O Say Can You See: The Greatest Patriotic Super Heroes of All-Time
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The latest "X-Men" #1 has a perfectly reasonable opening, aside from playing coy about the word "vampire."
"Hellboy: The Storm" begins the conclusion to the Mike Mignola and Duncan Fegredo storyline, and with a bang at that.
Didn't we already see this, and it was called "X-Men: Misfits" instead?
"Justice League of America" and "Justice Society of America" start up a new crossover, but so far it's less than interesting.
Beyond the gimmick, there's not enough oomph in "Captain America: The 1940s Newspaper Strip" to carry it forward.
An uncharacteristically weak script from John Arcudi and a fill-in artist drawing some pages means a poor finale.
There's something for everyone in "Wonder Woman" #600, but overall it's not as strong as one would hope.
No Superman? No problem.
"X-Factor" finishes its "Second Coming" tie-in with not so much a bang, but a thud.
The stories are slight, but still a joy to read.
Crime noir Killer Croc.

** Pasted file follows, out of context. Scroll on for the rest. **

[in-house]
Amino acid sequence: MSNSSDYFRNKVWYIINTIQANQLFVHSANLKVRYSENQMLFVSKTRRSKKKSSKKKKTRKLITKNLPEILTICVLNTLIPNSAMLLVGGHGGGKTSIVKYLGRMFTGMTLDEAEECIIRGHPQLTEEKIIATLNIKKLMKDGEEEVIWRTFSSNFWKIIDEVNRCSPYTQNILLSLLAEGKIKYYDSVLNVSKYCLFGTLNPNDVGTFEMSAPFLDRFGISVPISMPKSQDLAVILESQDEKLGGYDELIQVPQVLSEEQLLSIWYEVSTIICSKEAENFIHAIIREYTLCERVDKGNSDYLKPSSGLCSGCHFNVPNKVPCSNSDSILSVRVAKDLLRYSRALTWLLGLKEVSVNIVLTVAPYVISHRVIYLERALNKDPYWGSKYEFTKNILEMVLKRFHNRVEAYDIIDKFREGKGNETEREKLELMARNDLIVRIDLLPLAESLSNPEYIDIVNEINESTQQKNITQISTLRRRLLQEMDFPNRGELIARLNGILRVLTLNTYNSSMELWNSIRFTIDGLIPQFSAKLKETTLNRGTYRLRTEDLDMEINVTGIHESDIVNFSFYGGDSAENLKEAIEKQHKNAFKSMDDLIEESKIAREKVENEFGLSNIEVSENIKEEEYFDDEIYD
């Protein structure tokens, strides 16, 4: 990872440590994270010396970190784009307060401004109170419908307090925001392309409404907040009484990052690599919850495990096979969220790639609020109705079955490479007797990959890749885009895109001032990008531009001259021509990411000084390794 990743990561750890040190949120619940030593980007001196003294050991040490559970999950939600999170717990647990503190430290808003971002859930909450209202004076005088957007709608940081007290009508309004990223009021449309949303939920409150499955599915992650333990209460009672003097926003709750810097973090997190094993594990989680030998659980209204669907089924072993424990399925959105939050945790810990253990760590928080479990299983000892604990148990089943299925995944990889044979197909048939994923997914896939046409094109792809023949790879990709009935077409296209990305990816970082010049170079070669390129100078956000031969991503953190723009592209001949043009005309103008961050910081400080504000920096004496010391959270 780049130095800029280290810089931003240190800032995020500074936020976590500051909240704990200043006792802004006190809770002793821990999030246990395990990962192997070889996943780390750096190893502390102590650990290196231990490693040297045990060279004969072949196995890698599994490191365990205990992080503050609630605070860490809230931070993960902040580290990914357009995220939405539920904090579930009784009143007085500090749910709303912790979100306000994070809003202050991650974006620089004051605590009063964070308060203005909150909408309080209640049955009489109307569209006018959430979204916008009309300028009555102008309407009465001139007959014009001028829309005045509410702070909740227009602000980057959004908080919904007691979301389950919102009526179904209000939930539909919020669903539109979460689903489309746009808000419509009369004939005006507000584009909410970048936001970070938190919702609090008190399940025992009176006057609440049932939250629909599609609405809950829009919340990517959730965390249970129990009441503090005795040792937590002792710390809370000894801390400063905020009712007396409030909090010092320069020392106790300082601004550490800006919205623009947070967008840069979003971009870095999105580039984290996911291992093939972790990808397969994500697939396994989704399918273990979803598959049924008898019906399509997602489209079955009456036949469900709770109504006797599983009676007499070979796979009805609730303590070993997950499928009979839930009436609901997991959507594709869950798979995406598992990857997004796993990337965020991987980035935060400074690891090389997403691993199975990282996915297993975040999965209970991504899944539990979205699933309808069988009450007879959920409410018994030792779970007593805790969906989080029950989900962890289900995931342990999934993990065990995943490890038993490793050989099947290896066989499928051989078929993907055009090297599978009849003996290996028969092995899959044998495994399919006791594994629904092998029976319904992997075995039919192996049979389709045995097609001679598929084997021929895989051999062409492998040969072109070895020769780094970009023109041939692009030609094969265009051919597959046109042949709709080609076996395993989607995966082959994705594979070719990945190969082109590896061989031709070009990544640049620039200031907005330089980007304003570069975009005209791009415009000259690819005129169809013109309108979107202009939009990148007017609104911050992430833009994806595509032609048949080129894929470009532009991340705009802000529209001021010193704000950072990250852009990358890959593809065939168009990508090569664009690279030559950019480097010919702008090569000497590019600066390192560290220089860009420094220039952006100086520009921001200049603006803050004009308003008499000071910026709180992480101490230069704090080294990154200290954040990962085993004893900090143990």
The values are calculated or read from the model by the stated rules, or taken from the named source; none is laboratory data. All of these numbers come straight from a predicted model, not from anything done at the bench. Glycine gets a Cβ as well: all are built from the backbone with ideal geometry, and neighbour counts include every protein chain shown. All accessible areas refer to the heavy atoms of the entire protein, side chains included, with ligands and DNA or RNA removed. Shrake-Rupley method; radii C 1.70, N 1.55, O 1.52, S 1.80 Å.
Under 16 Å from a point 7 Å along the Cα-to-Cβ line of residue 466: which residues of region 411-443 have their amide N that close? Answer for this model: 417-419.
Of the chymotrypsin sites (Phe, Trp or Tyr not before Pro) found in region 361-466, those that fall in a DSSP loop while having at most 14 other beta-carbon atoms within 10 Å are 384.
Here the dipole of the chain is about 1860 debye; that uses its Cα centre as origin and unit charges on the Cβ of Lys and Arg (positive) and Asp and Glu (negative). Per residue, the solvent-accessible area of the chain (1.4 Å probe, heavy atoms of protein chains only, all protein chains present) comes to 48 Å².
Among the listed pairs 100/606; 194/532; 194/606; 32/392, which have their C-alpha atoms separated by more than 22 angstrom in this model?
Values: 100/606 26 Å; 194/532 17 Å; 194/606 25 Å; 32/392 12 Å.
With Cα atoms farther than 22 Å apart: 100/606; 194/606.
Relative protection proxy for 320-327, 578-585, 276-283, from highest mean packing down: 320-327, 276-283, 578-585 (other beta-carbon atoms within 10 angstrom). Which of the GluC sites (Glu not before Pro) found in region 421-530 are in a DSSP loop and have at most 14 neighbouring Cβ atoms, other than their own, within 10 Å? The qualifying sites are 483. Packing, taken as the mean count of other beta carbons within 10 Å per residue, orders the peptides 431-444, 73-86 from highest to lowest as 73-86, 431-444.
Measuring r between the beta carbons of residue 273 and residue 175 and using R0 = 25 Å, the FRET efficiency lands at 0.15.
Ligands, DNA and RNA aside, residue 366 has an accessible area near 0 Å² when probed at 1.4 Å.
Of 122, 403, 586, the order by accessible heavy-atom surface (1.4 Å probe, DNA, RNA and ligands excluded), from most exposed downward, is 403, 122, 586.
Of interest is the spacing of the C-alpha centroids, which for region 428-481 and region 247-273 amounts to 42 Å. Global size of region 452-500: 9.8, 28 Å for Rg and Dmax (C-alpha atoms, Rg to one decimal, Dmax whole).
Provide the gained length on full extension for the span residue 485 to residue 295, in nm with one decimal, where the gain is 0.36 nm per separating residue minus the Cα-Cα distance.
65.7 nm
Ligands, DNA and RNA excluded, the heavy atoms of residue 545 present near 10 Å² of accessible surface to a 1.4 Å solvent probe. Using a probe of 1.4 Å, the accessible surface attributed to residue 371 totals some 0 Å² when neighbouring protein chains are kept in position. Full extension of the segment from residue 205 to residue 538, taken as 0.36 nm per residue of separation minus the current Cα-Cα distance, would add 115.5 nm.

"American Vampire" slays the competition.
A mixture of fun short-term plot, serious long-term plot, and a big shift in status quo. That's how I like my comics.
"Legion of Super-Heroes" is feeling oddly slow despite an expanded page count.
"Age of Heroes" is less a collection of short stories, and more a group of teasers.
Next to the great fun of the regular "Muppet Show" comic, this unfortunately can't compare.
Peter Milligan brings Shade the Changing Man back, and it's a long overdue reunion.
"Ultimate X" introduces a brand new character and that ever-present narration finally starts to work.
"Second Coming" lumbers towards its conclusion at a reasonable pace, and for a change without a high body count.
"Birds of Prey" #2 sets up the remaining two chapters of its opening storyline, and gets the band back together.